The perfect trap: a new way to control the polarization of light

For quantum communication or optical computing, it is important to measure and to influence in which direction a light wave is oscillating. It is now for the first time possible to manipulate this polarization of a continuous laser wave with a special glass fibre, which has mirrors attached at both ends. The effect was discovered by a team of researchers from the Max Planck Institute for the Science of Light in Erlangen together with colleagues from Switzerland, the UK, and Germany. They have published their discovery in the prestigious journal Nature Communications.

Microscopic image of layers of tantalum pentoxide and silicon dioxide, each are only a few thousandth of a millimeter thick. Together they are forming a nearly perfect mirror. Foto: Max Planck Institute for the Science of Light

Foto: Max Planck Institute for the Science of Light. (1)

Illustration how the polarization in the fibre change from linear to circular. Graphic: Max Planck Institute for the Science of Light

Graphic: Max Planck Institute for the Science of Light (2)

The scientists are now able to change the polarization of a continuous light wave which is oscillating in one plane into a wave which oscillate in a circular way - which resembles the shape of a corkscrew. They achieve this effect by sending infrared laser light into a two metre long glass fibre made of silica. At both ends there are special mirrors, which reflect more than 99 percent of the light and are made of thin layers of tantalum pentoxide and silicon dioxide produced by the Swiss University of Neuchâtel. For comparison: A normal bathroom mirror has only a reflectivity of around 90 percent.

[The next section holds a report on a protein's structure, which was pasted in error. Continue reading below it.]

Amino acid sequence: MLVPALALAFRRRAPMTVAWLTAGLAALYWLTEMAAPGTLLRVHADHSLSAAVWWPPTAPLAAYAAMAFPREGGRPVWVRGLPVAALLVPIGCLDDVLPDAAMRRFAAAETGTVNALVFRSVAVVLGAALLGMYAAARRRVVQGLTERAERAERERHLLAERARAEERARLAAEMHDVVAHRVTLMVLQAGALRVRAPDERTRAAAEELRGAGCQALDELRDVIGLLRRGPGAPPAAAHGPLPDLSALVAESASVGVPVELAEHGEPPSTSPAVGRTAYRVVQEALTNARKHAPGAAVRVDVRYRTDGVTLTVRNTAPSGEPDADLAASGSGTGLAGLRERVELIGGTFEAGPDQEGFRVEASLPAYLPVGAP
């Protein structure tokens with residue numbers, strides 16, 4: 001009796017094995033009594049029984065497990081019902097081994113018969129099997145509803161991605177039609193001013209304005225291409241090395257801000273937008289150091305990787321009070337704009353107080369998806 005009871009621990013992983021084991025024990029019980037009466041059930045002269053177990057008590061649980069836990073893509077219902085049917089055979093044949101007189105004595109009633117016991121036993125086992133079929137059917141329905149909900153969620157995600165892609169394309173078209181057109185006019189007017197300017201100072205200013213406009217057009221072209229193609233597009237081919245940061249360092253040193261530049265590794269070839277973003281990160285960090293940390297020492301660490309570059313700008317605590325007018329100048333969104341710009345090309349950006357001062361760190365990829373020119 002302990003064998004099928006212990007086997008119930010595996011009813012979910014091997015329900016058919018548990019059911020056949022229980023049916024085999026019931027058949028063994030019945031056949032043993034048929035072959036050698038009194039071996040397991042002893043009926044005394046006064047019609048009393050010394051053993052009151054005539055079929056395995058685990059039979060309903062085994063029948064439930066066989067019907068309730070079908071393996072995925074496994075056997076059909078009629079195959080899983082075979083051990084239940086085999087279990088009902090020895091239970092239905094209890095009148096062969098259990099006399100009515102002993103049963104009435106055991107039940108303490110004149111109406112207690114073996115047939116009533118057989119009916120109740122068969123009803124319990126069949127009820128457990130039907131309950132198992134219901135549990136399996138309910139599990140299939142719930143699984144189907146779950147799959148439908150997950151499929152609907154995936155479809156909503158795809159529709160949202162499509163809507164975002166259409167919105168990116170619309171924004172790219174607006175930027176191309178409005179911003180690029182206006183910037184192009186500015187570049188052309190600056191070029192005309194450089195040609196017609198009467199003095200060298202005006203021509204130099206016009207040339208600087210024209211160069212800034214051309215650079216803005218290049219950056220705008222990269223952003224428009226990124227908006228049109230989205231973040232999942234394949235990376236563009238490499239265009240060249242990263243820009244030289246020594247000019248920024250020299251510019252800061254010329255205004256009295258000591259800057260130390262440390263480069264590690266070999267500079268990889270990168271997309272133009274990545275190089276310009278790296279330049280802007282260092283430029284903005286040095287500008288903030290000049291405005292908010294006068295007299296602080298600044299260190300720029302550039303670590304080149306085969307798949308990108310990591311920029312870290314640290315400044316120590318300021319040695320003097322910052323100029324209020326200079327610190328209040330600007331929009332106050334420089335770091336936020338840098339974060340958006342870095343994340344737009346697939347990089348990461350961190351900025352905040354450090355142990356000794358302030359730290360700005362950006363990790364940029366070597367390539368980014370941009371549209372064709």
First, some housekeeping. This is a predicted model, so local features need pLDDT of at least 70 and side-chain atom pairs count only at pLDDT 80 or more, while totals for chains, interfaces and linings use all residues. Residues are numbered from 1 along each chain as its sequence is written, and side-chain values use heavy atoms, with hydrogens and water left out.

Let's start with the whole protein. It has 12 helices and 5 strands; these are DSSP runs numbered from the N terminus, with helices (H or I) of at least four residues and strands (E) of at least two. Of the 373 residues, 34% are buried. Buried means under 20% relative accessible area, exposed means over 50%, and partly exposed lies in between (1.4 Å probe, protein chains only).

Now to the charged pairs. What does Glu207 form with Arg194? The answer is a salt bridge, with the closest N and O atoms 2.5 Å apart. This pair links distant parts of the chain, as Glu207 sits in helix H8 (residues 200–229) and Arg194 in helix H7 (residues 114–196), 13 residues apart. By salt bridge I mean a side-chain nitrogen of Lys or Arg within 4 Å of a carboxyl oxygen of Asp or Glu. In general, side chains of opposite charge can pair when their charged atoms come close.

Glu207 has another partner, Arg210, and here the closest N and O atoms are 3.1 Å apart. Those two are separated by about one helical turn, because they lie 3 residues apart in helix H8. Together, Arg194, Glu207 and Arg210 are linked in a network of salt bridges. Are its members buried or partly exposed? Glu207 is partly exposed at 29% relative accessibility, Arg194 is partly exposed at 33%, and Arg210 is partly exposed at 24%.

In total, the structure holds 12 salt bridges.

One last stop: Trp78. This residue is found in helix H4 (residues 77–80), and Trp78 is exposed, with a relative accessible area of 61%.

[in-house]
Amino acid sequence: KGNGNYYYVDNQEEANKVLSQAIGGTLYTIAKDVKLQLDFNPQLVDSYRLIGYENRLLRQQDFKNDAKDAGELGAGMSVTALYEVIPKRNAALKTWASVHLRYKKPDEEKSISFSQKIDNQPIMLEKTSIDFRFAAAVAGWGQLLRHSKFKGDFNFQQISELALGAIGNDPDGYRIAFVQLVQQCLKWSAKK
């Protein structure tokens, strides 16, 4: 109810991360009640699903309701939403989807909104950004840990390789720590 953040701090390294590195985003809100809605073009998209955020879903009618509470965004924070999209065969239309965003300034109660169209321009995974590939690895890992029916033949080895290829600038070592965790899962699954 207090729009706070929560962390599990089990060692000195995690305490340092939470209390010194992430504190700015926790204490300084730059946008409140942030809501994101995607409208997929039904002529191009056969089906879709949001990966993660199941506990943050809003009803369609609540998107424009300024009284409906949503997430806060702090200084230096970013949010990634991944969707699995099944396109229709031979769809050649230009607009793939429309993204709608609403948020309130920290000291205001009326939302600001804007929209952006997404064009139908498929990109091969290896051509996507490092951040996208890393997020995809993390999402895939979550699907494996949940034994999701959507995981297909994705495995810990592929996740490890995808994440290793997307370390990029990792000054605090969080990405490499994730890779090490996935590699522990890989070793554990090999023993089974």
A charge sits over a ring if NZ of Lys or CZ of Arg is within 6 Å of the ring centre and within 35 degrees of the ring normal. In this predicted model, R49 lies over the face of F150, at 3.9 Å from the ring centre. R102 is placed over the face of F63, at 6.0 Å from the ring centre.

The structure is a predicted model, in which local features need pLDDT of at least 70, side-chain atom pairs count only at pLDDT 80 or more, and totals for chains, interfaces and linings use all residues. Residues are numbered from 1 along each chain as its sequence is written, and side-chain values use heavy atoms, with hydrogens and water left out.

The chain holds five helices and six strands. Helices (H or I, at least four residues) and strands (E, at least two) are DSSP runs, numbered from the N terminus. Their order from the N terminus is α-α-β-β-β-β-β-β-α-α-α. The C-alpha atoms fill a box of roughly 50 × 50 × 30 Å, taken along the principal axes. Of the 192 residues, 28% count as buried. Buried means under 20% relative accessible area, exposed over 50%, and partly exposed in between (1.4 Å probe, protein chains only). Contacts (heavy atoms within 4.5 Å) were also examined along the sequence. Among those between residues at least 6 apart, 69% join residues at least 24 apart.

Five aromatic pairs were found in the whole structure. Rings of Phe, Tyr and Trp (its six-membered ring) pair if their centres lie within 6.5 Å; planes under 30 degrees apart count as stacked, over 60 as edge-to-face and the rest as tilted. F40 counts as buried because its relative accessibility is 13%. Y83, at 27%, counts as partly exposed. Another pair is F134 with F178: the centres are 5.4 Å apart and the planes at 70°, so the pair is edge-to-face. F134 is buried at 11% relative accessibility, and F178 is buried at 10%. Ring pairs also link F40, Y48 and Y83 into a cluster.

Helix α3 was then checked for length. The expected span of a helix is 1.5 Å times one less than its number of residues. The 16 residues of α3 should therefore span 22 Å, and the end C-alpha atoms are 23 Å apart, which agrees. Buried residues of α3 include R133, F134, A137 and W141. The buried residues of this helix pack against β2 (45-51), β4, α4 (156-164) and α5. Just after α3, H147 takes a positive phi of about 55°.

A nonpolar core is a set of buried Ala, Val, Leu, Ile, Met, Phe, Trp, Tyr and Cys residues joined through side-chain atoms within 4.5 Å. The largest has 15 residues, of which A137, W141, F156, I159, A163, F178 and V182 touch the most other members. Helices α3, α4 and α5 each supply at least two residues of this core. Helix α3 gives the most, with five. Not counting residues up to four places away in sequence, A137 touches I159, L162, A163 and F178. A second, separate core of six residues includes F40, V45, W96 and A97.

The light in the fibre is trapped between these nearly perfect mirrors and starts to change its behavior: above a certain threshold of optical power the polarization changes and the light polarization moves either clock- or anti-clockwise forward. The researchers are able to control the direction by changing the power of the light. “It is technically possible to miniaturize our structures and integrate them into an optical chip”, says Pascal Del'Haye, head of the Microphotonics research group at the MPL.

In the future one could arrange many of these devices onto a photonic chip in order to generate and control complex polarization states for example for telecommunication systems.  In addition, these devices can also work as highly sensitive sensors and improve  the performance for example of optical neural networks used in artificial intelligence applications or of systems for quantum information processing.  


(1) Microscopic image of layers of tantalum pentoxide and silicon dioxide, each are only a few thousandth of a millimeter thick. Together they are forming a nearly perfect mirror.

(2) Illustration how the polarization in the fibre change from linear to circular.

 

Original Publication:

N. Moroney, L. Del Bino, S. Zhang, M. T. M. Woodley, L. Hill, T. Wildi, V. J. Wittwer, T. Südmeyer, G.-L. Oppo, M. R. Vanner, V. Brasch, T. Herr, and P. Del’Haye: A Kerr Polarization Controller. Nature Communications, 2022. DOI: 10.1038/s41467-021-27933-x

 

Further information:

Pascal Del’Haye

Microphotonics Research Group

pascal.delhaye@mpl.mpg.de

 

 

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